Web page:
Therefore, if another cat comes within this territorial radius of another cat, their instinct is to fight them. These territorial battles can often result in abscessed wounds, which if not treated in time can be deadly. If bitten, cats can also contract FIV (Feline Immunodeficiency Virus).

cat fight

Human Abuse

Unfortunately, there are some not so nice people out there who do not care about animals and are not afraid to hurt them. 

There is a possibility that these types of people will come in contact with your cat if they are roaming freely which can lead to very upsetting outcomes. This person could even be one of your neighbours.

sad cat

Danger to Wildlife

Although cats are in danger of larger wildlife when they go outside, they are also predators and will in danger small wildlife such as birds, mice and lizards. 

Most of you probably do not like seeing your cat harm or kill other wildlife, therefore keeping them inside is best for you and will help protect wildlife to some degree.

cat holding mouse


Outdoor cats will often widen their outdoor territories and can be away from their home for long enough to be taken in by people who fear they are lost/stray, rescue groups or the animal control. 

According to studies, it is said that only 3% of cats turned into shelters after being lost are returned to their owners. In serious cases cats can also be stolen to be used as “bait” for people training dogs to fight.

cat in cage

Weather Conditions

Weather conditions can change in the blink of an eye and can get bad quickly. If extreme weather is approaching, you don’t want to be worrying about your cats’ whereabouts and whether or not they will come back in time.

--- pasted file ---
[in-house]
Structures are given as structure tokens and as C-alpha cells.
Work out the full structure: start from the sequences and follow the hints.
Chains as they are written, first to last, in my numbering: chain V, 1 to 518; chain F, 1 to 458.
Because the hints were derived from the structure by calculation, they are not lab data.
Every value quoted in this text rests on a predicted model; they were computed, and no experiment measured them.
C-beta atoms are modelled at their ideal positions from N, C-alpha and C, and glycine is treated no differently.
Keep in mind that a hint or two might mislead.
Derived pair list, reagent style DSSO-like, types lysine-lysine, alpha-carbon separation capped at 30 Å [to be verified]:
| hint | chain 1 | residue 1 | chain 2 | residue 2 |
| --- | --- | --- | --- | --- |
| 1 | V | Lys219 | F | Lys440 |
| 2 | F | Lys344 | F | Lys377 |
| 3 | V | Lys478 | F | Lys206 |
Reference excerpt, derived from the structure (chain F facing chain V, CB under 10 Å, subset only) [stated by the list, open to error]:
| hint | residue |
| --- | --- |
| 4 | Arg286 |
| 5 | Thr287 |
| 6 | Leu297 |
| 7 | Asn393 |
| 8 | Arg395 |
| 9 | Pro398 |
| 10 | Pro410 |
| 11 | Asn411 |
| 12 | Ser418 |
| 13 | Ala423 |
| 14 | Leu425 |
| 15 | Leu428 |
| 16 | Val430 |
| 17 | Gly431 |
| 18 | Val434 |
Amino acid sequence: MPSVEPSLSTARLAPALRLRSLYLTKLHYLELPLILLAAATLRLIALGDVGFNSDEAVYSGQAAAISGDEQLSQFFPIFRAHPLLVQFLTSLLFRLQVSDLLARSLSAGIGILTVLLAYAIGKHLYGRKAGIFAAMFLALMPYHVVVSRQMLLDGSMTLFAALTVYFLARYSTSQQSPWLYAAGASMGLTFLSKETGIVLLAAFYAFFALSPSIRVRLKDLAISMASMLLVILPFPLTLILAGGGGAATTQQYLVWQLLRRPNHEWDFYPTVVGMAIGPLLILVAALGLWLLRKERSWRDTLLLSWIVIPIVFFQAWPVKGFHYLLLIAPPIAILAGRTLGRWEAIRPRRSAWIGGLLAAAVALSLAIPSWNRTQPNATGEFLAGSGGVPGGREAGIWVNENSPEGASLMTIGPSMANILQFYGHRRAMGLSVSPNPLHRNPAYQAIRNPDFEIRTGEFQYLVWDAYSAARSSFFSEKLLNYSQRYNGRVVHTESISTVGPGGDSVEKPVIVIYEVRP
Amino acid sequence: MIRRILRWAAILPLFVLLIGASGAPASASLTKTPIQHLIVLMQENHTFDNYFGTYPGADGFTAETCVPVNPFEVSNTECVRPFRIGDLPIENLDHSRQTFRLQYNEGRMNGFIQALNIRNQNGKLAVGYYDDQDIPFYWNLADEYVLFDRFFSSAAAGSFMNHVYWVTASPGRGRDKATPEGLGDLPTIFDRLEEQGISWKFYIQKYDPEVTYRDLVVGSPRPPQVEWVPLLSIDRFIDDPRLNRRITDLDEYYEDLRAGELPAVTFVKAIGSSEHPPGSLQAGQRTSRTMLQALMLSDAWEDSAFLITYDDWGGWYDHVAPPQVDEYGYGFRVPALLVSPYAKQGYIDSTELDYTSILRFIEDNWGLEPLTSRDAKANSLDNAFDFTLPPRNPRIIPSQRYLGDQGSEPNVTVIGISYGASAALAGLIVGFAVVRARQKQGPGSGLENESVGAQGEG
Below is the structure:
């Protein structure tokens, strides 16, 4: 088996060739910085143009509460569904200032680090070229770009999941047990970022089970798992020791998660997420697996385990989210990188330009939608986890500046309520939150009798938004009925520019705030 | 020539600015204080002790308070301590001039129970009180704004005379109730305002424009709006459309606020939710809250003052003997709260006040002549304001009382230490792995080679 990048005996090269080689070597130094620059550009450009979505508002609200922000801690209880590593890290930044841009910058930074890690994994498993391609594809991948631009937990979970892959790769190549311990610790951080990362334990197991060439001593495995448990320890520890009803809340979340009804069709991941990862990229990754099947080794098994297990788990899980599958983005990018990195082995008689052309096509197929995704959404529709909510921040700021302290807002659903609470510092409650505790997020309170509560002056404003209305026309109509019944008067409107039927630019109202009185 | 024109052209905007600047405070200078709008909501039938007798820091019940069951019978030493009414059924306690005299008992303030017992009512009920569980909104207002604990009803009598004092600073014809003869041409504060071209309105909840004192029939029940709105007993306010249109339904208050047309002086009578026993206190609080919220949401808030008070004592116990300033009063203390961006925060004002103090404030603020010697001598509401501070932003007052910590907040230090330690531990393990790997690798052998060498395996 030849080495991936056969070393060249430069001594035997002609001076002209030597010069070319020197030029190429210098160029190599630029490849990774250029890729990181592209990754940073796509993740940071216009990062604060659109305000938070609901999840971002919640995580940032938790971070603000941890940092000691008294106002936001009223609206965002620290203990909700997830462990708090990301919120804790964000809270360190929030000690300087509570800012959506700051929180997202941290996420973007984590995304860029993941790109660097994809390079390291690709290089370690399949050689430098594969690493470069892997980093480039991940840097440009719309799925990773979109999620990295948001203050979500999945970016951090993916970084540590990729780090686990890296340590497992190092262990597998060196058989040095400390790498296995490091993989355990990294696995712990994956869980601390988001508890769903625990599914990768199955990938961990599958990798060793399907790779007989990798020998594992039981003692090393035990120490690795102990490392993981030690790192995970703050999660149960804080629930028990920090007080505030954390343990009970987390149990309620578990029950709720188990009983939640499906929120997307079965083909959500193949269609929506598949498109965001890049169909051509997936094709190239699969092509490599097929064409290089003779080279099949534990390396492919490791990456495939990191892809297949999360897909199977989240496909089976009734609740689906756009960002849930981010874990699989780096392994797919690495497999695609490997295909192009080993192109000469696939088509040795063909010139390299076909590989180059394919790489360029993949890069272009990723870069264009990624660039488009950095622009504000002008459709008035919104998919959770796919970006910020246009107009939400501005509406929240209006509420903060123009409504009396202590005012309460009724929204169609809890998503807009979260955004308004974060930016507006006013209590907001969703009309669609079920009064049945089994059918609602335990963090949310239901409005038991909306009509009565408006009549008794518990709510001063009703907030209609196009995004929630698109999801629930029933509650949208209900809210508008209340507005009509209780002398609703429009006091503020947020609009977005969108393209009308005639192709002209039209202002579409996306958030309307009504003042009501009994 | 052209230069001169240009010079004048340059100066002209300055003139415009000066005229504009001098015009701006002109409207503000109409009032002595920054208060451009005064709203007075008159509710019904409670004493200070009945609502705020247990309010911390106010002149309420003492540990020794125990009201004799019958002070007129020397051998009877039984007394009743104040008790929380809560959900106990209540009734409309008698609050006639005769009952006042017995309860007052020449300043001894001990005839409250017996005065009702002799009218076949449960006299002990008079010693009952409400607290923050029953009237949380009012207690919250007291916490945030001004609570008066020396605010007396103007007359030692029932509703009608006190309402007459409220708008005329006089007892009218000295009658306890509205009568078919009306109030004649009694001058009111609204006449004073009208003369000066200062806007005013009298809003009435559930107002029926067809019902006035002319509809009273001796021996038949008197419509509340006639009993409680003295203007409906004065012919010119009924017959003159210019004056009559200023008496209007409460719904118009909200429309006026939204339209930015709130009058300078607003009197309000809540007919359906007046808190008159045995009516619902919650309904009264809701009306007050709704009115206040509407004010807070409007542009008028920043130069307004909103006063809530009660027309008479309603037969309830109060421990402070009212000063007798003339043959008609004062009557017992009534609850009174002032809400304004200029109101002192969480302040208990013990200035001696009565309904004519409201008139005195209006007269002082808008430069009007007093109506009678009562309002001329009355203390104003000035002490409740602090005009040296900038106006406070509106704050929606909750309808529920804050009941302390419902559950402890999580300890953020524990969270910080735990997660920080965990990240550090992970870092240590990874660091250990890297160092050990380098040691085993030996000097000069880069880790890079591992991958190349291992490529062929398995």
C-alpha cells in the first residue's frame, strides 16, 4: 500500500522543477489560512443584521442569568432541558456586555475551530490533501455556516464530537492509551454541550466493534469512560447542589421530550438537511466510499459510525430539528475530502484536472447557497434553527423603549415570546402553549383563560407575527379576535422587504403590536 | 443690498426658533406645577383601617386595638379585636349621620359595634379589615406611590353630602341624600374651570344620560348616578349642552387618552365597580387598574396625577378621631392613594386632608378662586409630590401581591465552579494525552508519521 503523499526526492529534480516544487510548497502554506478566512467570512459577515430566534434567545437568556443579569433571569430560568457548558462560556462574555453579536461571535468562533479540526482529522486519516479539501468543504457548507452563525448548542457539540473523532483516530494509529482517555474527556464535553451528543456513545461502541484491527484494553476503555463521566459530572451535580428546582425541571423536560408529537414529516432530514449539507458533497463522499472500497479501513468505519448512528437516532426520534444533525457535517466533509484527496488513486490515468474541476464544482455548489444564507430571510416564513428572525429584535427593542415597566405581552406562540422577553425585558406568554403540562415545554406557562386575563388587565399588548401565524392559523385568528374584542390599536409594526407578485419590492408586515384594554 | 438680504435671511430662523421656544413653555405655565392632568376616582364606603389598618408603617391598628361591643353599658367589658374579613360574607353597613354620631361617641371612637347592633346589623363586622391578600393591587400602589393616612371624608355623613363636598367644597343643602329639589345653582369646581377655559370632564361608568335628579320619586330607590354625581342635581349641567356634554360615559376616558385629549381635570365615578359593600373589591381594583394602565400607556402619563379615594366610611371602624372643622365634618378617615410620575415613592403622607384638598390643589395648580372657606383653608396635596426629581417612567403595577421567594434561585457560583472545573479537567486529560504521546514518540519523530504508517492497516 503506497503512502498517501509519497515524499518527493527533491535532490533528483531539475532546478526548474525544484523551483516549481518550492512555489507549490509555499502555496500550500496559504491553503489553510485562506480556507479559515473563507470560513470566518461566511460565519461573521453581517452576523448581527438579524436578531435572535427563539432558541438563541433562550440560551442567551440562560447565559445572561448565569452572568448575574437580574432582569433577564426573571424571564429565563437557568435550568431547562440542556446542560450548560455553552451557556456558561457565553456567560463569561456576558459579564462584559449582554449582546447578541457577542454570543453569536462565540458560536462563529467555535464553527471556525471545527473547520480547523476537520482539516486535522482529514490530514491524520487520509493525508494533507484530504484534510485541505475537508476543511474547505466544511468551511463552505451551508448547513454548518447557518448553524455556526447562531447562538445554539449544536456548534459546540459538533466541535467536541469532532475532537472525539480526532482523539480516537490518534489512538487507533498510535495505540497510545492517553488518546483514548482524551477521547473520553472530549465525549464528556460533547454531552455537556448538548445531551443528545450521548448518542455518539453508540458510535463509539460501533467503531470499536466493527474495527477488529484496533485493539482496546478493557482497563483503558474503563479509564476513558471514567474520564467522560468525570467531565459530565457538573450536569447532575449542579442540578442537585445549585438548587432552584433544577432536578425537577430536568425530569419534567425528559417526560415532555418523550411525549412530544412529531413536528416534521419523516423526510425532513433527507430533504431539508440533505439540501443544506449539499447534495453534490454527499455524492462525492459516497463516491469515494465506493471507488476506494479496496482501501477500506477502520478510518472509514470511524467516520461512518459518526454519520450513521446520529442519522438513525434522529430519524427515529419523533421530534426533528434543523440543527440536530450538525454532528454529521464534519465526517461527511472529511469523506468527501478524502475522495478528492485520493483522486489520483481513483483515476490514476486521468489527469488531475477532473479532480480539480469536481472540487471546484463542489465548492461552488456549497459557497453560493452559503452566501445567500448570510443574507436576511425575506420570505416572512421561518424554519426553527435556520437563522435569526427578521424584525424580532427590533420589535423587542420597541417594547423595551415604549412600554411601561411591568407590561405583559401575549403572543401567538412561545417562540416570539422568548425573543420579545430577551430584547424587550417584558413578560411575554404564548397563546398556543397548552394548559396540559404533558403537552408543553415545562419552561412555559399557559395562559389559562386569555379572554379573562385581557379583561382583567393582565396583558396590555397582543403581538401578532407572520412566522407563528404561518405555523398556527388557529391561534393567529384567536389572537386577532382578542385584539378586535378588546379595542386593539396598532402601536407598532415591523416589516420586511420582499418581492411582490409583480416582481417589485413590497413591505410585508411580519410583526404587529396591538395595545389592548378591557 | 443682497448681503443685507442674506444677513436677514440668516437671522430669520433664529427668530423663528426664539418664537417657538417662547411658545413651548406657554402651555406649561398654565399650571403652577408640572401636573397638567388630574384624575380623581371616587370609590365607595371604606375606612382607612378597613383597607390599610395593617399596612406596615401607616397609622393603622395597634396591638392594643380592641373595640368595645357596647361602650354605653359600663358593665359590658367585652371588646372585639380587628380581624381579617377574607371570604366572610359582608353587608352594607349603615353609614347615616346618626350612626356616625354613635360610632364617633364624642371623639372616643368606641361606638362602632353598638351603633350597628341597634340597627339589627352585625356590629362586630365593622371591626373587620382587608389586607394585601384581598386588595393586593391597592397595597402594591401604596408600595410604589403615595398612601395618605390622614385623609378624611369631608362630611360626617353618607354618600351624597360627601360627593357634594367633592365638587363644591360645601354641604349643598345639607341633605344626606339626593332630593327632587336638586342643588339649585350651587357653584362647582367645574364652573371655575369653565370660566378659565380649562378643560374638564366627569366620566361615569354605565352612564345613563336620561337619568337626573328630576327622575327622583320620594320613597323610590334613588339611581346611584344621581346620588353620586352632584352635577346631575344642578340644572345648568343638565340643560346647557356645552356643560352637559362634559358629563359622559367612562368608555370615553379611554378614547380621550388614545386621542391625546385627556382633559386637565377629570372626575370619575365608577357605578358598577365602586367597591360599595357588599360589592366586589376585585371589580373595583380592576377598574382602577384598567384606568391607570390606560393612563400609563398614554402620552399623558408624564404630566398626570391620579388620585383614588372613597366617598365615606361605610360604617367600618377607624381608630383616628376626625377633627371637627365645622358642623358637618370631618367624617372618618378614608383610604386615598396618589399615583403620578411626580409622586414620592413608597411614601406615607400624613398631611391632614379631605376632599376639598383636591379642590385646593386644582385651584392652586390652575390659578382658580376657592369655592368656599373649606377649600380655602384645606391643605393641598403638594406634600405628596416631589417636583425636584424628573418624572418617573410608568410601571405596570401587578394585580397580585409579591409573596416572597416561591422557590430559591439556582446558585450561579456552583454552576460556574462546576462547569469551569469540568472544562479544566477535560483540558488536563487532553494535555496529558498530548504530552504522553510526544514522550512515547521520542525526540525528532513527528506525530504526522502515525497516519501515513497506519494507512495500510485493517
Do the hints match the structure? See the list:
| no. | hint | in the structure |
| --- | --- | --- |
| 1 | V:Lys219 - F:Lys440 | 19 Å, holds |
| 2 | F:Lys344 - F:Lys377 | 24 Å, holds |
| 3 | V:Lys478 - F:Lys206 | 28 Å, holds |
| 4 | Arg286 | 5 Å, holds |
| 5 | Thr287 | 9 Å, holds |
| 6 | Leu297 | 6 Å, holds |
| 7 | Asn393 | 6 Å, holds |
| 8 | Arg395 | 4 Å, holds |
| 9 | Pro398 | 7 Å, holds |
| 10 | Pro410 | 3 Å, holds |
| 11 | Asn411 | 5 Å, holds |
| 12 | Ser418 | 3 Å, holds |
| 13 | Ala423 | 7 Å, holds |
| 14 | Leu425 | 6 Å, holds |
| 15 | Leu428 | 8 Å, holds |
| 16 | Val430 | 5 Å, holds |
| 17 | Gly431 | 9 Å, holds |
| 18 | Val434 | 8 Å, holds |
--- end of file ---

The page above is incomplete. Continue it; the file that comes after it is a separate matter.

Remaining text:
During the colder months, it is especially important to keep your cat indoors as if they are left out overnight or for a long period of time they could quickly die from hypothermia.

cat outside door in snow

Alternatives for Outdoor Cats

If you are now thinking about keeping your cat indoors, here are just a few things to keep in mind and try out if your cat is used to the outdoors or if you have a kitten you would like to grow up to be an indoor cat.

Exercise Indoors

Cats can get a healthy amount of exercise whether they are indoors or outdoors. However, because being indoors is a safer option there are a few things your cat can do to keep well exercised. 

Interactive toys, climbing towers and scratching posts will all help with getting your cat the exercise they need.

cat playing with toy

Cat Leash

Any cat can be trained to a harness and leash.
At first, they will probably feel a bit confined by the harness and will naturally choose to lie on their belly. 

However, with time and patience you can get your cat to eventually enjoy a small walk on a leash. Be sure to start by trying your cat on the leash indoors at first and eventually move to outside. A little bit of leash walking a day should have your cat happy walking in no time. Never use a collar as they can easily slip off and never leave your cat tied up unattended.

cat on harness and leash

Outdoor Enclosures

If you want to give your cat a little more freedom to roam, outdoor enclosures are ideal. You can create and build these from scratch or buy enclosures specifically made for cats that you have to assemble. 

A good enclosure will allow your cat to have the freedom to explore an outside area whilst being safe and protected from harm. 

cat in outdoor enclosure

If you’d like more vet approved pet health advice, sign up to our monthly newsletter here, or visit www.vetshopaustralia.com.au/Pet-Health.